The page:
An Exploration and Experimental Test of a Generic Messaging Approach to the Canadian 24-Hour Movement Guidelines for Adults

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Authors
Walters, Alexandra
Keyword
Health Promotion , Movement Behaviours , Health Messaging , Knowledge Translation , Self-Efficacy
Abstract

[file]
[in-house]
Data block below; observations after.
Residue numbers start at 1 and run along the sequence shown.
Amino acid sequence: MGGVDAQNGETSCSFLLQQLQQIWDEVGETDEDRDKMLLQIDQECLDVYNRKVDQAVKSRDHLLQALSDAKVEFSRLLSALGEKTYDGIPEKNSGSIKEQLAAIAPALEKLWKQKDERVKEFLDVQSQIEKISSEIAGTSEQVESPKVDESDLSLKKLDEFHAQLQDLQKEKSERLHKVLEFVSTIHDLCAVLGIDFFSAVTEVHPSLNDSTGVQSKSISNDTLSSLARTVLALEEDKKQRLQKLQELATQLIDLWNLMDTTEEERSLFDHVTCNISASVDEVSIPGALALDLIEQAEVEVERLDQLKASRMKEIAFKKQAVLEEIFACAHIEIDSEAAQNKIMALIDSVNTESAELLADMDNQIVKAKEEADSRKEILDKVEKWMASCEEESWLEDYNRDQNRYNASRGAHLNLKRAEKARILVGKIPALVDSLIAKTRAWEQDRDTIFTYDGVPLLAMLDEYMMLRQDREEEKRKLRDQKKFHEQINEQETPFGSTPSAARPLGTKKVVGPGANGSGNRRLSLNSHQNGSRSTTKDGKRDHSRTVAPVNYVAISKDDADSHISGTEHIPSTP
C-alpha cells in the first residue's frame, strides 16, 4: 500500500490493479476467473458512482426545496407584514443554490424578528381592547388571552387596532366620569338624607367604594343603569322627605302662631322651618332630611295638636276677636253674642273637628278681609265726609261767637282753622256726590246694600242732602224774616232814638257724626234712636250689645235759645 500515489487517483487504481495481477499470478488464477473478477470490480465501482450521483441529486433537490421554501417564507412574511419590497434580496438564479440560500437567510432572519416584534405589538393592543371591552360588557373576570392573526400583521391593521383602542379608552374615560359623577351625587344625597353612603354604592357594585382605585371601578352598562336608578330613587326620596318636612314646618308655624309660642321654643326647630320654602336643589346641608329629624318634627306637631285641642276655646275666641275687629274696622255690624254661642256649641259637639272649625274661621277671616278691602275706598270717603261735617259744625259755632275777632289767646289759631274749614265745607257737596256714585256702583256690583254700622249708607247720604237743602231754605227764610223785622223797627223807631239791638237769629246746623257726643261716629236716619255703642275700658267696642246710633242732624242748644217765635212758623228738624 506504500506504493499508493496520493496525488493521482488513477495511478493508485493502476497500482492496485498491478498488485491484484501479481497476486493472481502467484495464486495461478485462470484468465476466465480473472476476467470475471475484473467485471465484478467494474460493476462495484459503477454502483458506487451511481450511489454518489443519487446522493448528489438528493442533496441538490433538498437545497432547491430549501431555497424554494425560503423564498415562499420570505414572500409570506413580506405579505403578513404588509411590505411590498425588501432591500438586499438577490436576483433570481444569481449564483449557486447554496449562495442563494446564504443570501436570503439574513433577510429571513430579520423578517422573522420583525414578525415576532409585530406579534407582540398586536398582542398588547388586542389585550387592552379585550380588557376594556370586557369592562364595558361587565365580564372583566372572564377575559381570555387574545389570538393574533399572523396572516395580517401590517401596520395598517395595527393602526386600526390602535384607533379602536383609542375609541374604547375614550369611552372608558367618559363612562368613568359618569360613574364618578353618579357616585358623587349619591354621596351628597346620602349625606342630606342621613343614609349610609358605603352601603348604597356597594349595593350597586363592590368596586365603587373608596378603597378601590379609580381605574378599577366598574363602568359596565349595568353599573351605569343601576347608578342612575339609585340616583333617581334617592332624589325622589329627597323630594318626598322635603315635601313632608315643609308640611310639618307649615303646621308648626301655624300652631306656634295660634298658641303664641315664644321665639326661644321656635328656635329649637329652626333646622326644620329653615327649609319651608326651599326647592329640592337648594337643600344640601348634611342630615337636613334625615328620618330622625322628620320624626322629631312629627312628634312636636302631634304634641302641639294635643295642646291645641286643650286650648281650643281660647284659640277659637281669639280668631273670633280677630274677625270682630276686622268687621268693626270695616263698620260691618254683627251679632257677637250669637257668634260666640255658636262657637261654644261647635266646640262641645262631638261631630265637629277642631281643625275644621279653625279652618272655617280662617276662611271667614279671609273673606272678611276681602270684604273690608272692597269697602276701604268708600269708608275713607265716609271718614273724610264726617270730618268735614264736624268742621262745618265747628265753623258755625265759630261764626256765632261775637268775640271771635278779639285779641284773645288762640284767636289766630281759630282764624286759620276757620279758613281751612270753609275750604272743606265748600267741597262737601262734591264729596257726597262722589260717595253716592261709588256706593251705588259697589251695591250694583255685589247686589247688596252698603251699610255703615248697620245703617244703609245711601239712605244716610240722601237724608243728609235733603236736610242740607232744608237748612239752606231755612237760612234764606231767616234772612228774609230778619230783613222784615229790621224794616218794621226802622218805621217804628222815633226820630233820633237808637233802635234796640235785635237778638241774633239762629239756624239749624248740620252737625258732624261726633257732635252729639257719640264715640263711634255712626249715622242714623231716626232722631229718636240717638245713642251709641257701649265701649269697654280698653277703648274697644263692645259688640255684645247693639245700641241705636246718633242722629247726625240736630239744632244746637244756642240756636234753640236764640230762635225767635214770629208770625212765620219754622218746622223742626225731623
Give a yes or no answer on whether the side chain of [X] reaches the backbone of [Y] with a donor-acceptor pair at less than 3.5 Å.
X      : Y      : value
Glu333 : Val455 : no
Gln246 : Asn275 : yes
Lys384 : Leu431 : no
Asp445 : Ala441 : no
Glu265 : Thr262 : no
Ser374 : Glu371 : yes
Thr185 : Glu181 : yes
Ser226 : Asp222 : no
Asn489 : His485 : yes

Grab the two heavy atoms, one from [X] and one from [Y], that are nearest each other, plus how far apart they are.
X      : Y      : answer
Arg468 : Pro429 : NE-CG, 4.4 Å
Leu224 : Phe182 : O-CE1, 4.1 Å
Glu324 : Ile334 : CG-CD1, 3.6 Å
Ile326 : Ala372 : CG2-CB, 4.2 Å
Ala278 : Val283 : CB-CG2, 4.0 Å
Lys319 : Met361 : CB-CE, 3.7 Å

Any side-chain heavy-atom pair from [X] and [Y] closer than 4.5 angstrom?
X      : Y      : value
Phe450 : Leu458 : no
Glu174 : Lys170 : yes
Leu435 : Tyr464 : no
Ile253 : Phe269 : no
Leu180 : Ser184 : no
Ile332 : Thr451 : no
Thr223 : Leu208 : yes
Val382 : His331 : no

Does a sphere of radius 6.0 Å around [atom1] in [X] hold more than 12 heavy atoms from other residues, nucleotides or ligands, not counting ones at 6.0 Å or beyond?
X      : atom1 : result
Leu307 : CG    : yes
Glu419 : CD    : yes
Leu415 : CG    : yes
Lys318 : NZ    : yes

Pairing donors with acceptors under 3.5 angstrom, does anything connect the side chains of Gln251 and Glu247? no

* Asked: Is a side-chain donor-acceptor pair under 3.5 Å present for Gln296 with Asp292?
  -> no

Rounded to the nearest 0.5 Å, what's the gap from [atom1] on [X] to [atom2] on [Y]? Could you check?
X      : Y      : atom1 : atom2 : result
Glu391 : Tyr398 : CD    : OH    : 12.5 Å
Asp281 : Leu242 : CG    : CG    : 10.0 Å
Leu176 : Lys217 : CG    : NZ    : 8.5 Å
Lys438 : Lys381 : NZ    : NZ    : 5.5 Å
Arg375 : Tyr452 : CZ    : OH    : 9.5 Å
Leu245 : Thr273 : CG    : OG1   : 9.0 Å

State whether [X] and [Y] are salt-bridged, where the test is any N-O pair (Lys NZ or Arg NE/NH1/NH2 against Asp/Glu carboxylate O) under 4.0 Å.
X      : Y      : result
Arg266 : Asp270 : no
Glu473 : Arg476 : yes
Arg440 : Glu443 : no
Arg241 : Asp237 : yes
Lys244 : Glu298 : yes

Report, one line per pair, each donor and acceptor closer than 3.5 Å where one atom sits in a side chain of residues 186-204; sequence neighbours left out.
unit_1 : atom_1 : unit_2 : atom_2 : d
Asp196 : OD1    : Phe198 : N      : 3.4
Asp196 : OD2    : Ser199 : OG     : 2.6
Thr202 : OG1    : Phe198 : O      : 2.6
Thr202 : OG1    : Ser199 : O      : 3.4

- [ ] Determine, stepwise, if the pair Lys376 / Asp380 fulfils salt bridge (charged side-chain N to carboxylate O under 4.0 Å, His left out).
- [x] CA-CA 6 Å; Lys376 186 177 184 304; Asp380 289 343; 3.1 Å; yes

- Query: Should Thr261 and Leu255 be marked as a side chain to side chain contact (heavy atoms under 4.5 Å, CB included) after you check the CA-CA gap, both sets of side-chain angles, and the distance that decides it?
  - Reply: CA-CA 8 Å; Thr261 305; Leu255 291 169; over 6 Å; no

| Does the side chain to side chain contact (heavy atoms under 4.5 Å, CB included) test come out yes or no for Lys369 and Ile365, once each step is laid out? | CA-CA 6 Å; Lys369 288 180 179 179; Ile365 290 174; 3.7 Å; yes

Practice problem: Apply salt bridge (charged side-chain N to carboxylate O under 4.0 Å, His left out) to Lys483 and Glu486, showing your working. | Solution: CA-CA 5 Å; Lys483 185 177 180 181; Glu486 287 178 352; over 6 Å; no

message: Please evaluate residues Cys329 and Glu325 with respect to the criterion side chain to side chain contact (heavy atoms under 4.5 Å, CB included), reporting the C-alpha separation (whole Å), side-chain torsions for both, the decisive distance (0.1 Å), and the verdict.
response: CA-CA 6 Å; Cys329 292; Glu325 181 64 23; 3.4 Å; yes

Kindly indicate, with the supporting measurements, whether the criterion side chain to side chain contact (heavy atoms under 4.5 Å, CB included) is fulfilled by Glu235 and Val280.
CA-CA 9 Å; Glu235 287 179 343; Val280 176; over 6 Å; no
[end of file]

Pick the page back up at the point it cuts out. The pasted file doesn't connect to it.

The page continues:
Most Canadian adults do not meet current behaviour recommendations for physical activity, sedentary behaviour and sleep. Historically, movement behaviours were presented in isolation from one another, using complex and overwhelming thresholds outlining durations and intensity for optimal health. Generic messages encouraging small, but meaningful, behaviour change may be a better approach than thresholds through improving adults’ confidence to engage in optimal movement patterns. New integrated Guidelines providing evidence-based recommendations for Canadian adults’ movement behaviours over a 24-hour day are forthcoming. Public facing messages complementing the scientific recommendations to promote engagement amongst adults are needed, and generic messages may be a gateway to encourage adults’ confidence to meet the Guidelines. Grounded in Social Cognitive Theory, this thesis aimed to determine and experimentally test a generic tagline for the Guidelines and build support for generic messaging among health behaviour interventions. Two studies were completed online. In Study 1, Guideline end-users and stakeholders (NPhase1=774; NPhase2= 996) ranked a series of taglines based on whether the messages fostered Guideline self-efficacy beliefs. In Study 2, adult Guideline end-users (N=249) completed pre-, post- and two-week quantitative surveys following exposure to generic or threshold Guideline promotional materials. In the first study, a chi-squared test of independence confirmed the generic tagline “Move More. Sit Less. Sleep Better.” was favoured as self-efficacy boosting, χ2(1) = 142.4, p < .001. In the second study, hierarchal linear regressions predicting adults’ confidence to meet the Guidelines revealed an activity status by experimental condition interaction, F(4, 192) = 52.14, p < .05, ßGeneralTask = -.18, F(4, 192) = 43.06, ßScheduling = -.15, p < .05. Post hoc analyses indicated low active adults exposed to generic messages had greater confidence to meet the Guidelines compared to low active adults exposed to threshold messages. Additionally, message processing was greater among adults exposed to the generic materials than the threshold materials, F(3, 243) = 3.34, p < .05. The findings emphasize that generic messages may be advantageous for promoting adults’ confidence to meet movement guidelines. This work presents considerations for researchers and health promoters aiming to develop appropriate messages for health behaviour engagement among Canadian adults.
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